Horses ask for human help when in difficulty, study shows
Researchers investigate horses’ social cognitive skills with humans
New research suggests that when horses are faced with a problem they cannot solve, they use visual signals to get help from their fellow humans.
In the study, published in the journal Animal Cognition, researchers investigated horses’ social cognitive skills with humans in a problem-solving situation.
In the first experiment, an assistant hid carrots in a bucket which the horses could not reach. The team watched to see how the horses sent signals to their caretakers, who were unaware of the situation.
The team observed the horses looking at, pushing and touching their caretakers to get their attention.
In the second experiment, the team tested to see if the horses’ behaviour changed based on the caretakers knowing that the food was hidden. This study revealed that if the caretakers did not watch the food being hidden, the horses gave more signals.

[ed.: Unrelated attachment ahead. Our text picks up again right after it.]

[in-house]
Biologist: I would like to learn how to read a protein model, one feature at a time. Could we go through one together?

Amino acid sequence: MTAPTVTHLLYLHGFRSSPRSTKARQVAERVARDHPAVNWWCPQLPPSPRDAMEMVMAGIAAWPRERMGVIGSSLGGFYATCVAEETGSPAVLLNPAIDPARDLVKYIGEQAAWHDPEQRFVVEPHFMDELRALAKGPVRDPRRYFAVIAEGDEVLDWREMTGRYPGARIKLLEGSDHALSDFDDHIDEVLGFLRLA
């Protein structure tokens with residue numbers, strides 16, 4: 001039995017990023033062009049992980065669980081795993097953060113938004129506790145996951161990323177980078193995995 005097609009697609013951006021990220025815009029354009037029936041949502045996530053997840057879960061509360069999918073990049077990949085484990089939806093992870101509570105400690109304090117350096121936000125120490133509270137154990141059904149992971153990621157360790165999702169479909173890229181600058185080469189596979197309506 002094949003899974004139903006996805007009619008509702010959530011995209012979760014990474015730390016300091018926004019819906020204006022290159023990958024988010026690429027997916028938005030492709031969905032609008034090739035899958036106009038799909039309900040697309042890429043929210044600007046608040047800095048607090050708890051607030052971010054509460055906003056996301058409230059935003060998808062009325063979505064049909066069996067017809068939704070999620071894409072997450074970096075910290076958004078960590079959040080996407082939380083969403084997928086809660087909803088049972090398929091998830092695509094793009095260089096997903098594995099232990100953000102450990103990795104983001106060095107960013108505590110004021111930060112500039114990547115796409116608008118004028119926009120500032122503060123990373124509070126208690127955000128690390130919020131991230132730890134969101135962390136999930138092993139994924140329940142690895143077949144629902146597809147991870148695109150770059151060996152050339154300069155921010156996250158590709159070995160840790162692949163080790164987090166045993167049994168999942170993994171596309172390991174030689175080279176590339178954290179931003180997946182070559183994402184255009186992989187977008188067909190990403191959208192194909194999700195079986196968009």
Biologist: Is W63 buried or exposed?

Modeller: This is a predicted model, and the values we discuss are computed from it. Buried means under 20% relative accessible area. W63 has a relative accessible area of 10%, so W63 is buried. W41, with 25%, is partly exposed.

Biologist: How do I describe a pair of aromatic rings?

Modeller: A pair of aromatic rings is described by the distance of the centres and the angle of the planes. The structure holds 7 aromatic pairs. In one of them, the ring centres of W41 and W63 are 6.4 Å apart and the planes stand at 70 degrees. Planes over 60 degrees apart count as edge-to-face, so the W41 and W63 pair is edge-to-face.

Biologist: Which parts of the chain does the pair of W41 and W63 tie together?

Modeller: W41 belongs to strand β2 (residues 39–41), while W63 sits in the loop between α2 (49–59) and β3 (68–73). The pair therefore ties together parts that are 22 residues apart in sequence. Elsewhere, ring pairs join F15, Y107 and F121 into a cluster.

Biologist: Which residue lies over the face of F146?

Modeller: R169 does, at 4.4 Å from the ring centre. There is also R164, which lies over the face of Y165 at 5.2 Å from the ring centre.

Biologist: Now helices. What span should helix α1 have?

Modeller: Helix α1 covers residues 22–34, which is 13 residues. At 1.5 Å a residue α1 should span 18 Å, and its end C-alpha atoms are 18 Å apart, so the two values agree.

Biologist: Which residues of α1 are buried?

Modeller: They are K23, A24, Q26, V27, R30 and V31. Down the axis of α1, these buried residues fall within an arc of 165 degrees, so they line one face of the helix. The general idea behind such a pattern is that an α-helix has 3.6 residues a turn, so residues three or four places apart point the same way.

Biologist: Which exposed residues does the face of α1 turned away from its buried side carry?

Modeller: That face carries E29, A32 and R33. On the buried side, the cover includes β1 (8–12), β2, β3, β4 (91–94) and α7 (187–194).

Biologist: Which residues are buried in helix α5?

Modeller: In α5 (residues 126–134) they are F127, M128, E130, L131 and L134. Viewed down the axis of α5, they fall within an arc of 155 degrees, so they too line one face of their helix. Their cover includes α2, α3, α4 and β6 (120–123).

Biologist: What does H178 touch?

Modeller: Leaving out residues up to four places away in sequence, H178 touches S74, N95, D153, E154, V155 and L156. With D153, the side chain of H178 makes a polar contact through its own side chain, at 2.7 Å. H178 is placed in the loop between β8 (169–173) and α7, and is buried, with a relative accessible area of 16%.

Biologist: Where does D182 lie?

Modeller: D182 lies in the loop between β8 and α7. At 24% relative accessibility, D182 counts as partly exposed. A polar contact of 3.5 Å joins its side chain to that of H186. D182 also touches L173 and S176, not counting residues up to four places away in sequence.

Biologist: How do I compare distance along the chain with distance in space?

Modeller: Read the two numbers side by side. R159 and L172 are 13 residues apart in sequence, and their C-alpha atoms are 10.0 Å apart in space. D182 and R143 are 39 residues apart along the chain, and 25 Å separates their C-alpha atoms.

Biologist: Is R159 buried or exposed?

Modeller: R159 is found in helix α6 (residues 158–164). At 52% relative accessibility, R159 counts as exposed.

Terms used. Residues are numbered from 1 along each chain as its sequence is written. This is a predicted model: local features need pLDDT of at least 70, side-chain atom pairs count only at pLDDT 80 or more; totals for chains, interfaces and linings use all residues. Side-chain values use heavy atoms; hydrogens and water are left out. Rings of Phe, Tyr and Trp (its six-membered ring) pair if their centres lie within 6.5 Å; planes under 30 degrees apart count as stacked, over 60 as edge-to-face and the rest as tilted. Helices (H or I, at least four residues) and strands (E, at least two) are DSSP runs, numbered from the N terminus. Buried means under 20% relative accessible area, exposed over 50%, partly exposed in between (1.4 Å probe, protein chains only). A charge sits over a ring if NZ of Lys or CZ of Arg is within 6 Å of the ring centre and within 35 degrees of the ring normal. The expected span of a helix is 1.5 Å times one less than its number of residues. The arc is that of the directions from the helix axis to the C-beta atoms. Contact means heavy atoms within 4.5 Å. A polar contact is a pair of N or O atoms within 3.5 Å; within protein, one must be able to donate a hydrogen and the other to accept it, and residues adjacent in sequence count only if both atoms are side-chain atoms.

‘The signalling behaviour of the horses significantly increased in conditions where the caretakers had not seen the hiding of the food,’ the authors conclude. ‘These results suggest that horses alter their communicative behaviour towards humans in accordance with humans’ knowledge state.’
Eight horses took part in the study, which was conducted by researchers at the Kobe University Graduate School of Intercultural Studies, Japan.
Looking ahead, the team hope to compare communication between horses, as well as looking more closely at the social cognitive ability of horses in their communication with humans.
Article courtesy of mrcvs.co.uk
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